As we have already mentioned, the new Radeon HD 4670 is powered by a GPU that shares the same base architecture at the Radeon HD 4800 series, that has been scaled down for the mainstream market segment. To see just what has been changed, we've got a breakdown of the Radeon HD 4600 series' features listed side-by-side with the previous-generation Radeon HD 3600.
As you can see, the Radeon HD 4600 series has been improved in every meaningful way over the previous generation. The transistor count increased from 378M to 514M, which resulted in a 20% increase in die size, but AMD was able to use those transistors very effectively and have increased the 4600 series' anti-aliasing, Z/Stencil, and Texturing capabilities four-fold. The number of stream processors in the GPU has increased from 120 to 320 (down from 800 in the RV770), and memory bandwidth has been increased to about 32GB/s, a bump of approximately 25%. Those of you with good memories will realize that this new mainstream card has the same number of stream processors as last year's RV670--which was used on the Radeon HD 3870 and 3850.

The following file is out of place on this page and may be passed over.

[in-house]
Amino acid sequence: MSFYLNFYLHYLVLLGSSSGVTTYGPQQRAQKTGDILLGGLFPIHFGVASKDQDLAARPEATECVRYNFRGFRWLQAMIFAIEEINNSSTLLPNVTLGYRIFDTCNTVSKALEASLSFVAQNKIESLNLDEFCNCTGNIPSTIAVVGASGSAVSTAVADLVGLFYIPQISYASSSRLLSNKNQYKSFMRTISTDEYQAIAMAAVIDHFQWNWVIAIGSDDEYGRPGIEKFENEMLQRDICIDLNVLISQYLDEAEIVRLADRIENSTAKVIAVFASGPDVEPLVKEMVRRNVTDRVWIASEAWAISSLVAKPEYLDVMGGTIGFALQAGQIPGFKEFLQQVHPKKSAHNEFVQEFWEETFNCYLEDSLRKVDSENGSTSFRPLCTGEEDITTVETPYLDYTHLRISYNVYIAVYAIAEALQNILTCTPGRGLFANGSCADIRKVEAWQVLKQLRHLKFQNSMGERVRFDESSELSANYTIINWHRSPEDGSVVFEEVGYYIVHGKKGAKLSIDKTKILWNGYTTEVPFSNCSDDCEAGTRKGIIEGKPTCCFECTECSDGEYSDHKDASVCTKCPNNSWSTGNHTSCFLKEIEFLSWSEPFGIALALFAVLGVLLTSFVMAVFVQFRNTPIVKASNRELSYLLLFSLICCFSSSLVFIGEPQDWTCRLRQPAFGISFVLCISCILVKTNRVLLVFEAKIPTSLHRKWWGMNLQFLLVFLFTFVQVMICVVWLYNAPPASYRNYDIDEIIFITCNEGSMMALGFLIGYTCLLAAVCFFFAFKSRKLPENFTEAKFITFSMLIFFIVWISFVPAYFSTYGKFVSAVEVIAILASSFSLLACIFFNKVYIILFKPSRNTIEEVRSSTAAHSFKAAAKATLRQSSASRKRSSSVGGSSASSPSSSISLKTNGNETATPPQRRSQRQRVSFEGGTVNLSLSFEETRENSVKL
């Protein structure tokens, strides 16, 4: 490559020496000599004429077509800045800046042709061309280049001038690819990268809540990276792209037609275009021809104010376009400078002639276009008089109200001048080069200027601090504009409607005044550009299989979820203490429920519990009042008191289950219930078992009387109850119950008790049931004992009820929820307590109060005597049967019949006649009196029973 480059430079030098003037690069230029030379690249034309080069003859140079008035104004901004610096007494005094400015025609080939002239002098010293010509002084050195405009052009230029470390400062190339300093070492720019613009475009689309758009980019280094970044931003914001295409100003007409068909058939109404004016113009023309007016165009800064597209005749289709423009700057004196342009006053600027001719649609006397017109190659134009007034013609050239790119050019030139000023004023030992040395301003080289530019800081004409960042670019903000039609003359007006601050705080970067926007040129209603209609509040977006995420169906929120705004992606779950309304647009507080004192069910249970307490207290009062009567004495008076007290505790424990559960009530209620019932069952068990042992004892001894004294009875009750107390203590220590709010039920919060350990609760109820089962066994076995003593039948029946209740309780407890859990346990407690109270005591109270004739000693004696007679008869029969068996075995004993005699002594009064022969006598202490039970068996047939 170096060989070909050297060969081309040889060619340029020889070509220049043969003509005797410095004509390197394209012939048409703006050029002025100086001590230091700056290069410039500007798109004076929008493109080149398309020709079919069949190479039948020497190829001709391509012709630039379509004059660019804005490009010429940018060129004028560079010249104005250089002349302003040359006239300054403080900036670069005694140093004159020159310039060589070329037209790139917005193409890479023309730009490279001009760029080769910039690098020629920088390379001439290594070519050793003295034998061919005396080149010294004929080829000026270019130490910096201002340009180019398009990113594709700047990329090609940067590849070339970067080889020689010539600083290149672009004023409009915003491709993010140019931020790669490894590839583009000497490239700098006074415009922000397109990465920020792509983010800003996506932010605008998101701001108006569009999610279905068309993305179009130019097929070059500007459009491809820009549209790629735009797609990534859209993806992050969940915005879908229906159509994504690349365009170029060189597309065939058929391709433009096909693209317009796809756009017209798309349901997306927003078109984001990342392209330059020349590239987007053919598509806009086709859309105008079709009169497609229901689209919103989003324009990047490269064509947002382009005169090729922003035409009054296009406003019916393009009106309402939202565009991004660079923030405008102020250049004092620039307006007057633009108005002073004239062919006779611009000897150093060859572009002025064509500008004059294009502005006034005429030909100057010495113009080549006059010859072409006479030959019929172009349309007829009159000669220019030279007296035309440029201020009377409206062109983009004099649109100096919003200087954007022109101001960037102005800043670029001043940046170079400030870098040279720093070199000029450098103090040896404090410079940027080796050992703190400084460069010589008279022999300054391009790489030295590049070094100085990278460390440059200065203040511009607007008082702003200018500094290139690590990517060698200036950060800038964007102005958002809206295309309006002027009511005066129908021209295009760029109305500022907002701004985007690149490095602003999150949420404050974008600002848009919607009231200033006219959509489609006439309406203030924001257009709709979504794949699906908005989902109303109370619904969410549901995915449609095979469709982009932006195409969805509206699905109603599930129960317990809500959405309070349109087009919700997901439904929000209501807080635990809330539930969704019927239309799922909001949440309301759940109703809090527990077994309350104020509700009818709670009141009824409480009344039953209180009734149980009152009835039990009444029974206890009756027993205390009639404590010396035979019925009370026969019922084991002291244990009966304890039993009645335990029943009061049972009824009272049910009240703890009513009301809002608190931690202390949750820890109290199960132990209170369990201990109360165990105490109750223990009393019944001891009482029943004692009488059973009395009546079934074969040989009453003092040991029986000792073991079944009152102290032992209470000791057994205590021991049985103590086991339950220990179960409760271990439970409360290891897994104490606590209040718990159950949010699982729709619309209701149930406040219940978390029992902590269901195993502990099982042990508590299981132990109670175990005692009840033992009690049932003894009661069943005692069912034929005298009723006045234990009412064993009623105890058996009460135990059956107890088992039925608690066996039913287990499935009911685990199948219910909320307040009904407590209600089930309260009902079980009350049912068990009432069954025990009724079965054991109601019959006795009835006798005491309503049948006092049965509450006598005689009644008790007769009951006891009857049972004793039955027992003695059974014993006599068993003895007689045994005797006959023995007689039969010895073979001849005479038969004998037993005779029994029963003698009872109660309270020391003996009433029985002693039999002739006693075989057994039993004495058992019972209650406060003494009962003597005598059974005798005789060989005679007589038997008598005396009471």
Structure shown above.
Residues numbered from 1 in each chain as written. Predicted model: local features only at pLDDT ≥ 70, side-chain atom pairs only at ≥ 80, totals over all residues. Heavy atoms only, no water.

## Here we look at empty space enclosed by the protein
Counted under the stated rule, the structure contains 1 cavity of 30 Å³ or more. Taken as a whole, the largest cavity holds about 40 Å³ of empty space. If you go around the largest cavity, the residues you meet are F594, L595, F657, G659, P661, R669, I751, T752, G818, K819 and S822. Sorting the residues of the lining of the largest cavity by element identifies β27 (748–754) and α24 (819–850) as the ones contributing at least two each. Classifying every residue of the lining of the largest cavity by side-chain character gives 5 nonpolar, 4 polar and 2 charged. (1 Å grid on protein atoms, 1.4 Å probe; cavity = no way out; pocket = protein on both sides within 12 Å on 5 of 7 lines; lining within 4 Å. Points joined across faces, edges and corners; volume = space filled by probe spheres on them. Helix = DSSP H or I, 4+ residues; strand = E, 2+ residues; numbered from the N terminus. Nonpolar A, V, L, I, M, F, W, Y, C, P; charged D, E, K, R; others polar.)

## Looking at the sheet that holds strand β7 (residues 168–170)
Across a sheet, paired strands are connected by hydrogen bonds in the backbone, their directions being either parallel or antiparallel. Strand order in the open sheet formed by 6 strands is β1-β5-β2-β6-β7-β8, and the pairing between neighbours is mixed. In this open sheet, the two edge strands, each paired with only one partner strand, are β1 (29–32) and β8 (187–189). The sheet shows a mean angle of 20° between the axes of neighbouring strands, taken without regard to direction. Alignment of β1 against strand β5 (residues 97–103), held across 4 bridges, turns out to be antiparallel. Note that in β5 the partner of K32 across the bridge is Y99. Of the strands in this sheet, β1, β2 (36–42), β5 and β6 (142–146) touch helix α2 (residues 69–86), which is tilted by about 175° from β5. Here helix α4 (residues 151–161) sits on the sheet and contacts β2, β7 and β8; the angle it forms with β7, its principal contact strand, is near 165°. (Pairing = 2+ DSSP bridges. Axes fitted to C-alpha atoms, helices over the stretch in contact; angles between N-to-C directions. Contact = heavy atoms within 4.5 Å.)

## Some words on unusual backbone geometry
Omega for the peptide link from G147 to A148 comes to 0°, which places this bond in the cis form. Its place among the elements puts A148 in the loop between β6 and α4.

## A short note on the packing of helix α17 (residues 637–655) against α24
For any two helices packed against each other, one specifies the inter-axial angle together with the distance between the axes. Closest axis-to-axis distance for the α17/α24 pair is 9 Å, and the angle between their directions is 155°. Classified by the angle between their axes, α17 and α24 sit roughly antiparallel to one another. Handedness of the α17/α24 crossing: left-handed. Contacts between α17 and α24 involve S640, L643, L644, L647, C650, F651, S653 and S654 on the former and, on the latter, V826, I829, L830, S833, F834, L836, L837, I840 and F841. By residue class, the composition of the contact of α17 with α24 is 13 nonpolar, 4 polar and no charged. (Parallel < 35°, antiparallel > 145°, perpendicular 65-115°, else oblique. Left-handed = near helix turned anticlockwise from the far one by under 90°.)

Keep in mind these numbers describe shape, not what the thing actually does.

Although its specifications reveal a much more powerful product than ATI's previous generation mainstream graphics card, the new Radeon HD 4670 is still an unassuming, single-slot card, with a relatively short PCB. The card you see pictured here is equipped with 512MB of 1GHz GDDR3 memory with a 750MHz GPU clock. Please note, however, that ATI has also informed us that 1GB versions of the HD 4670 are also slated to arrive, that use standard DDR3 memory to keep costs in-line.
The single-slot cooler used in the card consists of a slim-line copper heatsink with a dynamically throttled fan, that proved to be nice and quiet during testing. ATI was able to equip the card with a relatively quiet and small cooler because the Radeon HD 4670 has a max board power of only 59W, which is within PEG (PCI Express Graphics) specifications. Since the card doesn't require exorbitant amounts of power, a supplemental PCI Express power connector is not necessary.
The outputs on the Radeon HD 4670 resemble just about every other modern graphics card and include dual, dual-link DVI outputs and an S-Video / HD component output. HDMI out with audio is also supported through the use of a dongle--just like the Radeon HD 3800 and 4800 series cards.